Adapted from a recent online discussion.
Dear Carolyn: I am faced with a terminally ill parent and a large, loud, gossipy extended family, all of whom are very easily offended and all of whom handle death in a way that my parents, siblings, our spouses and I find distressing and distasteful.
As social media becomes more and more present in our lives, the last few passings in the clan have been announced online by family members within minutes of the death. I hate finding out this way. Everyone also “talks” to the person who died via their Facebook walls, and continues to address the deceased in the present tense on the anniversary of their death and what would have been their birthday.
I know I can’t orchestrate how people grieve, and if this brings them comfort, that’s their business, but I can’t think of very much that’s more depressing than having to see them, year after year, online and addressing my parent as if s/he is still alive.
Is there any way to convey that we would prefer things to be done the old-fashioned way, and would like to not only break the news ourselves, via phone calls, but also prefer things to be private and tasteful and mostly offline? Or are we wrong and not “with it”? Is there a way to say, hey, thanks for remembering, but it’s really freaking creepy that you’re talking to them — how about giving my living parent a call?
You say you can’t orchestrate how people grieve, but then you ask how to orchestrate how people grieve.
Your distress about this is understandable, and certainly that on top of your parent’s illness can be overwhelming — so please don’t exacerbate the problem by attempting the impossible.
Instead, concentrate on the things you can do. You can, for one, ask them to get in touch with your parent now. “S/he is not strong enough for visits, but a quick hello email, call or video would be a real mood-booster.”
When the time comes, you can also “break the news ourselves” without announcing your intention to do so.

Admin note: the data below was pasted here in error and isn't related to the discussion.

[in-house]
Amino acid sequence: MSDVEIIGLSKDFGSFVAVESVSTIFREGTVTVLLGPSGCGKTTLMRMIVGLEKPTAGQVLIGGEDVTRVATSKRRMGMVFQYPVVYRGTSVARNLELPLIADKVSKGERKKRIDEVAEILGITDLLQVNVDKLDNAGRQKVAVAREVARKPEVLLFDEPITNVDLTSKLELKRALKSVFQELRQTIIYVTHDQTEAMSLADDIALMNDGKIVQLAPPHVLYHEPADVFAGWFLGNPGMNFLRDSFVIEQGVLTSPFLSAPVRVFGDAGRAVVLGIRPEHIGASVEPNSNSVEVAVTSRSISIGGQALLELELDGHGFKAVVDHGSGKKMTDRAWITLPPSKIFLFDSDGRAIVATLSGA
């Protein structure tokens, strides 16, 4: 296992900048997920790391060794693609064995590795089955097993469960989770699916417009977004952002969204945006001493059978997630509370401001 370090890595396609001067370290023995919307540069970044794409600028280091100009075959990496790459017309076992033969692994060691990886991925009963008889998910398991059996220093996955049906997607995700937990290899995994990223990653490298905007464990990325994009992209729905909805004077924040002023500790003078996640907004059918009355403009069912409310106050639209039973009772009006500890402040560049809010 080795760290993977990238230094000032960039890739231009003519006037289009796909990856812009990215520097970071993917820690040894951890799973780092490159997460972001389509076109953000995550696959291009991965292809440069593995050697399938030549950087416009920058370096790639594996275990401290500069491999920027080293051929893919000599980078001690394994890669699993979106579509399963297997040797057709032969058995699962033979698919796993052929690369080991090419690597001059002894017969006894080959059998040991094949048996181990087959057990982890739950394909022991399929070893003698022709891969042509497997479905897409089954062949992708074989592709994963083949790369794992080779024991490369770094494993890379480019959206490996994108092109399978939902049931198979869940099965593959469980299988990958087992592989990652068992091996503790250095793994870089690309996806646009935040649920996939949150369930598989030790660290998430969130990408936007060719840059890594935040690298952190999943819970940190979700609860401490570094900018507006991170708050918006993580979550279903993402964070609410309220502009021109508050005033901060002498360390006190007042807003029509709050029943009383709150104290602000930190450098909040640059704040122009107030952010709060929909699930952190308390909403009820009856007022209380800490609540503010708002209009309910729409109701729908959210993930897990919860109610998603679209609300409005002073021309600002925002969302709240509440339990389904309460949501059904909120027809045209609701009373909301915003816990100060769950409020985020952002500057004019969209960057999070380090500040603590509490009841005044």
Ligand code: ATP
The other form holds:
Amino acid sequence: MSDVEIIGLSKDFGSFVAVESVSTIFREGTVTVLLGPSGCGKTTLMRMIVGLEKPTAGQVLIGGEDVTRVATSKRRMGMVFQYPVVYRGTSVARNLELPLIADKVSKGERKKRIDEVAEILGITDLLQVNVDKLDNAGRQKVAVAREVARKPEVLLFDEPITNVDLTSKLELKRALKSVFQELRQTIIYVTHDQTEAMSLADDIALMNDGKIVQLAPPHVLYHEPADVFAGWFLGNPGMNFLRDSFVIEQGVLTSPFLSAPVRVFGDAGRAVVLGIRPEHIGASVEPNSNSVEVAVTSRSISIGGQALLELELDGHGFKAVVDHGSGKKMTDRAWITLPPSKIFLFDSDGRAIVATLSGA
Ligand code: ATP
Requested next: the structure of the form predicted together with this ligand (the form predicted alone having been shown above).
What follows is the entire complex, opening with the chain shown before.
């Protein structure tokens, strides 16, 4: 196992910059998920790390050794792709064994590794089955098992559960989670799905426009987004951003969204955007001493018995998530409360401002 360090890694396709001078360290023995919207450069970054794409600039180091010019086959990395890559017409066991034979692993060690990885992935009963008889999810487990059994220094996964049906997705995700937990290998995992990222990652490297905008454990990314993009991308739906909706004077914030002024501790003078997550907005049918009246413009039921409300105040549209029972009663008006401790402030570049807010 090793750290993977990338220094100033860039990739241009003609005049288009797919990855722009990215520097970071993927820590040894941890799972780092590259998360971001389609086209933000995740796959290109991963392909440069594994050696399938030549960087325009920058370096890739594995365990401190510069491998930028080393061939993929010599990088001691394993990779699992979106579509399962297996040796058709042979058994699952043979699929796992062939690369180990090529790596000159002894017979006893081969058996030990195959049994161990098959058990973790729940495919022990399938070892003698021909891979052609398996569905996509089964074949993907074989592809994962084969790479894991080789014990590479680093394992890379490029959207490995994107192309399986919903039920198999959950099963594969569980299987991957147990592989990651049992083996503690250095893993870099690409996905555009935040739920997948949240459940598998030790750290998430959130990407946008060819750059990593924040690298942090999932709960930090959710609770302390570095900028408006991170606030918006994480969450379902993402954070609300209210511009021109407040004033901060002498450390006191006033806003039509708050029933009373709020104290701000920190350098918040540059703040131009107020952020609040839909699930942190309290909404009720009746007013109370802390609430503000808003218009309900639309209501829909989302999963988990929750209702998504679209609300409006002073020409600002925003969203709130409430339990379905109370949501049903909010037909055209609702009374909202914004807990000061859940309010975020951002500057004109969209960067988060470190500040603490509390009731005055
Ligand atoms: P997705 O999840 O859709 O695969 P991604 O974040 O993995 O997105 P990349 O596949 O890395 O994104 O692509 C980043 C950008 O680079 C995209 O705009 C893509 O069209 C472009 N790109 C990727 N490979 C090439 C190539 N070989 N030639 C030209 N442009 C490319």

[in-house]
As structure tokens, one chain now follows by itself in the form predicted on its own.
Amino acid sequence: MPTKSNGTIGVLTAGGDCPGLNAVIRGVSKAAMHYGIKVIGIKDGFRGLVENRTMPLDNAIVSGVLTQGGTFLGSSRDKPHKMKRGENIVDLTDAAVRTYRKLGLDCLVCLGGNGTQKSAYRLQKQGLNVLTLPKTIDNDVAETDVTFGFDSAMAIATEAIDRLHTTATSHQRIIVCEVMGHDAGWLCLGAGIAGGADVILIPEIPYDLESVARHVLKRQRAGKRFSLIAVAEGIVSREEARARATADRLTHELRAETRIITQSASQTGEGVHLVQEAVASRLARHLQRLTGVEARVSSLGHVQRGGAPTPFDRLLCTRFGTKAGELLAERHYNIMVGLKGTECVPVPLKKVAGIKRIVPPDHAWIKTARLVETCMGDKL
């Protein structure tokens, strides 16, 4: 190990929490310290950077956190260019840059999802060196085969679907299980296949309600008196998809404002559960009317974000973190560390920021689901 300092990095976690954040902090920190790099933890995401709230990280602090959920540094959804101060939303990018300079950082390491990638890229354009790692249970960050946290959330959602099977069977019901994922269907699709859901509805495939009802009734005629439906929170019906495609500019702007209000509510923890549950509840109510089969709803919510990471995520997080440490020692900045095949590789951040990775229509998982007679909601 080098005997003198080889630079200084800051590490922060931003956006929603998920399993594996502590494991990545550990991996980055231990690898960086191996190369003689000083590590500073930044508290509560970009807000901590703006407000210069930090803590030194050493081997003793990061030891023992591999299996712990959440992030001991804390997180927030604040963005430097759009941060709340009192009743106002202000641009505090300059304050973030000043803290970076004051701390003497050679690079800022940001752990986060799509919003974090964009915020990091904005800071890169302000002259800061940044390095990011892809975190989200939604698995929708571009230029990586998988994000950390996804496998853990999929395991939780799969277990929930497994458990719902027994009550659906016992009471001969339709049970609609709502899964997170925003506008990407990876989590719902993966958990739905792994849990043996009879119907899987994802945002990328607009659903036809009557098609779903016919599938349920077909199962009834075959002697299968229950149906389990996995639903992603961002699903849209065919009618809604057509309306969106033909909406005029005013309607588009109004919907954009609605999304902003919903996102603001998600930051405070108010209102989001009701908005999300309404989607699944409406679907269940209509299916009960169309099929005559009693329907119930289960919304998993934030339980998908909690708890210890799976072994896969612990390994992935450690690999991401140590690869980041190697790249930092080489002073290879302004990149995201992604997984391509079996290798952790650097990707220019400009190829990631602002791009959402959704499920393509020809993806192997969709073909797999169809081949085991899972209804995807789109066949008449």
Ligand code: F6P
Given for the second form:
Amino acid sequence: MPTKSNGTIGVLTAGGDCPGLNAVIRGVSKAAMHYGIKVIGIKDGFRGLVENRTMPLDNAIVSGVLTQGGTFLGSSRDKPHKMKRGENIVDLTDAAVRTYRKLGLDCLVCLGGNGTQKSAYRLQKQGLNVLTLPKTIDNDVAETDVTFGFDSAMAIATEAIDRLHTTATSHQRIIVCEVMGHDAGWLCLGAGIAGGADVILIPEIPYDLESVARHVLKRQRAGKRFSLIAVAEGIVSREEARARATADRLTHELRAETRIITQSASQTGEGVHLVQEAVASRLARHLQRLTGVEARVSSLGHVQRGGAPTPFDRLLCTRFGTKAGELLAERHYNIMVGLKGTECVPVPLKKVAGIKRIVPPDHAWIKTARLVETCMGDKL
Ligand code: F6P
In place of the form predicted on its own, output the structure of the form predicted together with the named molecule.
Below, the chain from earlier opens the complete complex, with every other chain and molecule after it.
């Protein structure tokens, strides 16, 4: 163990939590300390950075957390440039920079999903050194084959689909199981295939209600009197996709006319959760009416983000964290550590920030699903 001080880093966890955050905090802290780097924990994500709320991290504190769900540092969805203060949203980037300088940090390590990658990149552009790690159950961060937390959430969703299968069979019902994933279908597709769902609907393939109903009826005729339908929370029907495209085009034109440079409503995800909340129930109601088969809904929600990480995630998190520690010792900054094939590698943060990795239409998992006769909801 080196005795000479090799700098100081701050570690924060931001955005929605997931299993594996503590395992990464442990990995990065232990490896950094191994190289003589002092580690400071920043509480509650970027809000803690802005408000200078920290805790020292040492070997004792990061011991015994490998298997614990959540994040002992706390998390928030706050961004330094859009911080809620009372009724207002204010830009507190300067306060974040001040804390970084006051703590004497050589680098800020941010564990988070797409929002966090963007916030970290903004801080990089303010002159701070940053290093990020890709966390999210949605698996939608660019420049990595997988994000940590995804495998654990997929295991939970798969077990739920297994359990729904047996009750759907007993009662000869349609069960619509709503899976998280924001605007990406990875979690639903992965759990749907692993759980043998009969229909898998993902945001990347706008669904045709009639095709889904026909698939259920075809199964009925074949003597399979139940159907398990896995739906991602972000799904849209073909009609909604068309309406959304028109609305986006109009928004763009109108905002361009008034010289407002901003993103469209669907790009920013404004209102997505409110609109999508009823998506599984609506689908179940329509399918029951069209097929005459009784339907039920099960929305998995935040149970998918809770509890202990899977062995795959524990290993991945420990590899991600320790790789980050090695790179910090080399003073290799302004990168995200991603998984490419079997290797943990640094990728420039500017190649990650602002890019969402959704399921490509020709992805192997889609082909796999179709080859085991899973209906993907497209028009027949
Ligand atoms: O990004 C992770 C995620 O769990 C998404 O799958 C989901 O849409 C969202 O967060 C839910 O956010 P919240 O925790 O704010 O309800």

And, an immediate family member can have Facebook remove a decedent’s account, so you have the power to pre-empt those depressing postmortem “talks.”
I also recommend that you hide these relatives from your social media feeds or stay offline, at least until you’re more ready to face distressing content. It’s not perfect, but one click wipes out about 90 percent of the problem, and when does that ever happen?
To take it a step further, your actions are yours to control, but your relatives’ offense is not your problem, as long as you are warm and civil and careful to include everyone using a form of communication you’re comfortable using. For example, if you notify everyone by individual phone call, then, sure, they’re entitled to get offended that you didn’t post an immediate status update, but you are also entitled to respond with a blank stare if anyone complains about that to you.
I’m sorry about your parent. It really is OK just to X this social-media concern off what must be a full and heavy list of things to do.
Email Carolyn at firstname.lastname@example.org, follow her on Facebook at facebook.com/carolyn.hax or chat with her online at noon Eastern time each Friday at washingtonpost.com.